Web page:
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Coordinate Systems - Example 1

In mathematics, a coordinate system is a system which uses one or more numbers, or coordinates, to uniquely determine the position of a point or other geometric element on a manifold such as Euclidean space. The order of the coordinates is significant, and they are sometimes identified by their position in an ordered tuple and sometimes by a letter, as in "the "x"-coordinate". The coordinates are taken to be real numbers in elementary mathematics, but may be complex numbers or elements of a more abstract system such as a commutative ring. The most common coordinate system in modern mathematics is the Cartesian coordinate system.

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Video Transcript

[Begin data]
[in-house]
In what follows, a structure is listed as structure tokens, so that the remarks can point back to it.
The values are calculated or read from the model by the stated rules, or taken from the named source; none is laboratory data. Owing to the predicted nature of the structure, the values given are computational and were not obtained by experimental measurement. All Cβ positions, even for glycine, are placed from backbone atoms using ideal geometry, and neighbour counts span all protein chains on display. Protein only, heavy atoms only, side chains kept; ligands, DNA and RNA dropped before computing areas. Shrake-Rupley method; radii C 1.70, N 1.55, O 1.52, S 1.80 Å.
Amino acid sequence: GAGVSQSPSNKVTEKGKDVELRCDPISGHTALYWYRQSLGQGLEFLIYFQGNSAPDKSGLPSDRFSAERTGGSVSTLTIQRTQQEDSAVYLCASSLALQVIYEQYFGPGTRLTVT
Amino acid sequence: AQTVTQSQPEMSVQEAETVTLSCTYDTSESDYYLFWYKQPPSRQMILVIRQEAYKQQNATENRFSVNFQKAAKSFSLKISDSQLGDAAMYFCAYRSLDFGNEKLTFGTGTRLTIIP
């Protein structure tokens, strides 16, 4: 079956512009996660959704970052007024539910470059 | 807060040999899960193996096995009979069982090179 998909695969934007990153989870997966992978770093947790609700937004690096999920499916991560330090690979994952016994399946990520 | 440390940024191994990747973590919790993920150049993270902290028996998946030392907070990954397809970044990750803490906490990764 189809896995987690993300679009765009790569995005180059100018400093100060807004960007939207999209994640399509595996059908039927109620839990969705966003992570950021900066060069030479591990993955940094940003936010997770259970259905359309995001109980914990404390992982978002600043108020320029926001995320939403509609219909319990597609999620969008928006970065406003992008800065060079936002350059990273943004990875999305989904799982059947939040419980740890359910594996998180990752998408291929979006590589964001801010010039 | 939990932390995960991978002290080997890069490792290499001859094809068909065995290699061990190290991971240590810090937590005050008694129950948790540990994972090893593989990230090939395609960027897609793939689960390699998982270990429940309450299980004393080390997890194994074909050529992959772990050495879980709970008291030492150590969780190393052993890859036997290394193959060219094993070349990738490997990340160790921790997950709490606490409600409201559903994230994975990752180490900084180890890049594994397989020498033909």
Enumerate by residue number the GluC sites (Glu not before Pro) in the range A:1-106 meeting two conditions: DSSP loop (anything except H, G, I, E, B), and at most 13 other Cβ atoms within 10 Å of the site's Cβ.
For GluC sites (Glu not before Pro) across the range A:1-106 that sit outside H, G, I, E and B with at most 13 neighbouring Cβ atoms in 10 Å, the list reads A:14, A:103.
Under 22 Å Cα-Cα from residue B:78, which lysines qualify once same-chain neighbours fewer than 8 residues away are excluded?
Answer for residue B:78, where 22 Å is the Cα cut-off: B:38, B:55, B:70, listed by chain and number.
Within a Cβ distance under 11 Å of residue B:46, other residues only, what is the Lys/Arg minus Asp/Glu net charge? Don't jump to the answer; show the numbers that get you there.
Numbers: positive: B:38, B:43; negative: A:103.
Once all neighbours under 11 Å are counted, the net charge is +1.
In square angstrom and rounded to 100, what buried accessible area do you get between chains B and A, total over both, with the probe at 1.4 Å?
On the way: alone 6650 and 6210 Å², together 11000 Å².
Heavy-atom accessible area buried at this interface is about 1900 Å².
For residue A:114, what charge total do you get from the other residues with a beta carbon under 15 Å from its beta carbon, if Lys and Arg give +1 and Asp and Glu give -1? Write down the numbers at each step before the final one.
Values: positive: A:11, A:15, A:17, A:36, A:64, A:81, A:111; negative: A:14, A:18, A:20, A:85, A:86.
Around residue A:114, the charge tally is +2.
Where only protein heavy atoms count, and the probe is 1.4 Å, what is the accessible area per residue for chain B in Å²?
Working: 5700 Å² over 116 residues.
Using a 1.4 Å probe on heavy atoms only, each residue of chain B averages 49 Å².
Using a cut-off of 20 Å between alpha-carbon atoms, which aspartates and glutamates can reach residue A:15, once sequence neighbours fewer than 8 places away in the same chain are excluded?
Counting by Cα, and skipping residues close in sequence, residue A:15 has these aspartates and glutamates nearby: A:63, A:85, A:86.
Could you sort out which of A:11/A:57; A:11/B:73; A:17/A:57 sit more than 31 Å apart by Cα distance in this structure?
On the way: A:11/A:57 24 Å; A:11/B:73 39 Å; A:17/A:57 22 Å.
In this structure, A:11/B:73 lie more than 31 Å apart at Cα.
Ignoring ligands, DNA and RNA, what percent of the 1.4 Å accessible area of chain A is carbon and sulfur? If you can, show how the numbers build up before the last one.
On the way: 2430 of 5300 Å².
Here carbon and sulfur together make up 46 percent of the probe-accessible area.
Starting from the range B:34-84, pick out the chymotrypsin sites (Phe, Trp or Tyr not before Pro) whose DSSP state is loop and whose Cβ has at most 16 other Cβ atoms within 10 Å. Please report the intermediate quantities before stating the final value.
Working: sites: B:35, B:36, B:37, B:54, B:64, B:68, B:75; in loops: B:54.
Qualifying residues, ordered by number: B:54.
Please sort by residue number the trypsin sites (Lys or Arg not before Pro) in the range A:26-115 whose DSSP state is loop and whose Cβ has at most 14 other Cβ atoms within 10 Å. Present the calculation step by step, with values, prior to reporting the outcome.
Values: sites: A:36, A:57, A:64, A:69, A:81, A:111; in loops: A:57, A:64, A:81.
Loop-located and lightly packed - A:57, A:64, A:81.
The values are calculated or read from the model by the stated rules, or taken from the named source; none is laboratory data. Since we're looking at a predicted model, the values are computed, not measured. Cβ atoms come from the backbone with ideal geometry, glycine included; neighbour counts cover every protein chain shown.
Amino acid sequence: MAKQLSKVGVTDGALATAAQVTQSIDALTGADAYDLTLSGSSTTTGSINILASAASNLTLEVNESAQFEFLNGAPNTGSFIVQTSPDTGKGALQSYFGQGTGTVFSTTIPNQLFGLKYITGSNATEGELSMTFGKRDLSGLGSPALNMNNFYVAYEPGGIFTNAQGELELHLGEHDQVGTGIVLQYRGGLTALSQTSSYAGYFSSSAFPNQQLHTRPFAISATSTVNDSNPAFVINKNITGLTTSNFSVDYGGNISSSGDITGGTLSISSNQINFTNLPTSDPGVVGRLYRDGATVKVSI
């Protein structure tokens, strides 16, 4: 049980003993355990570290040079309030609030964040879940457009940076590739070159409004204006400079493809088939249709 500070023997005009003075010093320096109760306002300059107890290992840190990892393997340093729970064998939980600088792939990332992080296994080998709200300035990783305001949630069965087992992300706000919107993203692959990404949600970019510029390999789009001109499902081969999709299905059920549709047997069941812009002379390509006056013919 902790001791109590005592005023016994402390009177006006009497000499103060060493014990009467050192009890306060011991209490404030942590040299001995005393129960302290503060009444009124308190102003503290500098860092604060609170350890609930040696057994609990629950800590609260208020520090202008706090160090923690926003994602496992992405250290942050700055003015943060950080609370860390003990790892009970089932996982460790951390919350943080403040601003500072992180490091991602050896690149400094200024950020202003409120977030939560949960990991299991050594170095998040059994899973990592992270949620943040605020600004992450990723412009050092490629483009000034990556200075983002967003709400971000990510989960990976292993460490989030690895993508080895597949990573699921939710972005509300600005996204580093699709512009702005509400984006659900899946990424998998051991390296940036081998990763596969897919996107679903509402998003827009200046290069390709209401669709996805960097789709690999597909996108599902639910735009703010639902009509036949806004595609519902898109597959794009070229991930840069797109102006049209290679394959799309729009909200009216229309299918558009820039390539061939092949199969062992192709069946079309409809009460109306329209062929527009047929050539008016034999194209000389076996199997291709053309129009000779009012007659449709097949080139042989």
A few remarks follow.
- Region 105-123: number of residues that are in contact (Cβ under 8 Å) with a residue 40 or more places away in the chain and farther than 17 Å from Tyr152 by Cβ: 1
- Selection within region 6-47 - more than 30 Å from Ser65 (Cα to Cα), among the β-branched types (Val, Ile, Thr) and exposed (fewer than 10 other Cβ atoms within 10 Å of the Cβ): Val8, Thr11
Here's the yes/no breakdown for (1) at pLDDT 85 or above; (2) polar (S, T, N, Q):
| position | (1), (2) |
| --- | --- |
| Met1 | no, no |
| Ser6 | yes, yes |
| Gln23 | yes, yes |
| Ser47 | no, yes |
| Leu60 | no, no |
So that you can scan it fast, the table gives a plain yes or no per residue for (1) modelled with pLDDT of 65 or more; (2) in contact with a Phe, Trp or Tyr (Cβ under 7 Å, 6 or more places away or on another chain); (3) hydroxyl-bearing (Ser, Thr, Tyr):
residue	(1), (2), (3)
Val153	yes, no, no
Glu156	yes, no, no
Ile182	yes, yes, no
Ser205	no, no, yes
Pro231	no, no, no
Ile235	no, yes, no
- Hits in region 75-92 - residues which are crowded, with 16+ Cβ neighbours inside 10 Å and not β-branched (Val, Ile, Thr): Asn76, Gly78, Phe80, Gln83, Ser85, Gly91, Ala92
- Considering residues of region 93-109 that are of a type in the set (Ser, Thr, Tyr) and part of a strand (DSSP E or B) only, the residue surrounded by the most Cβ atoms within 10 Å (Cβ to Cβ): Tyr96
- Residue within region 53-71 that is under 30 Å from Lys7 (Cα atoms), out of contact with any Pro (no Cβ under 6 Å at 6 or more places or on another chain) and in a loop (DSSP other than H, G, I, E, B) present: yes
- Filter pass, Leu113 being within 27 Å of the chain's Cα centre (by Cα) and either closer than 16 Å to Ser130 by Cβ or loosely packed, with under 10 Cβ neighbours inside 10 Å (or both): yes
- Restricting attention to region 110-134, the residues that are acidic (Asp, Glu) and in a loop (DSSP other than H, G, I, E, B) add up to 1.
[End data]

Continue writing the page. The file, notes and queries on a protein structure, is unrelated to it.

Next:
Welcome to the video on converting from Cartesian to polar coordinates and then back from polar to Cartesian coordinates Again, Um, let's jump right in here with an example. Say we have a Cartesian position. Remember, Cartesian has written is X comma. Why? We're gonna say that we have the position Five comma three So counting that we have 12345123 We're gonna look right here. It's in the first quadrant So we do this. What we want to do is we want to use the formulas that I gave previously where X is equal to the square root of X are rather is equal to the square root of X squared plus y squared and Satya is going to be equal to the arc Tangent of why over X. Remember, you can also write this as 10 in the negative one. This is how it'll pillar on your calculator over X. Okay, so just plugging these in very quickly we're going to see that our is equal to the square root of five squared plus three squared. So that's gonna be squared of 34 is our radius and then r theta. It's gonna be equal to in verse 10 of 3/5. So when we plugged that in, we get approximately 31 degrees. Now, looking at this, that that's pretty simple. But what if we tried a different quarter? What if we twitched it to negative 512345 123 So if we did negative 53 coming back. And here we have negative five. Well, the negative five is gonna get squared. So negative five times negative. Five. That's 25. Again, we're gonna end up with squared of 34 just like we did before. On the other hand, when we look at the data calculation, we're gonna end up with three over negative five. And it turns out that the inverse tangent function has this property where a tangent of negative X is equal to negative inverse tangent of X. So this cause a little bit of problem. It means that we're going to get a value of negative 31 degrees here. So, looking at that, we need to interpret what that means, because before I told you always, always, always, we wanna measure theta and r theta format as being as coming from the positive X axis going in the counter clockwise direction. So we got that correct when we were in first Quadrant. But now we're getting negative. 31 degrees. Well, what does that mean? Well, what is telling us is that this angle is 31 degrees, which means that we're actually gonna need 180 minus 31 in order to get the correct answer. So that's going to be 149 degrees is the correct answer from here to here. But you're never gonna get your calculator to say that, because the way that Arc Tangent marks So what we need to do then, is keep track of which quadrant you are in. And what is your Why and what is your ex, right? So if we are taking the arc tangent of an angle and we say why over X, then it means we're always going to be measuring the angle from the x axis. Okay, so make sure make sure make sure that you always realize whatever quadrant in your amazing from the x axis. So if you were in the third quadrant, it gives you this angle If you're in the fourth quadrant, it gives you this angle and then convert so that your theta that you report to your teacher is always being measured from the positive X axis in the counter clockwise direction. As long as you do that, you'll be fine. I recommend that you practice that a few times to make sure that you can do it correctly. So let's go do a quick example in the opposite direction. Say that we have our that is three and a tha tha that is 140 degrees. So if I were to look at that here, it would be in this quadrant somewhere around here. So what we wanna do is convert to X and y. So remember, our conversions are R cosine theta and R sine theta. Luckily, because we're using cosine and sine, we don't have the same issue that we did with the inverse tangent function. So X then is going to be equal to three times to co sign of 140 degrees. Why will be equal to three times to sign of 140 degrees, which gives us answers of approximately negative 2.3 and 1.9. Uh, try this a few times. Practice going back and forth. It's a pretty simple exercise.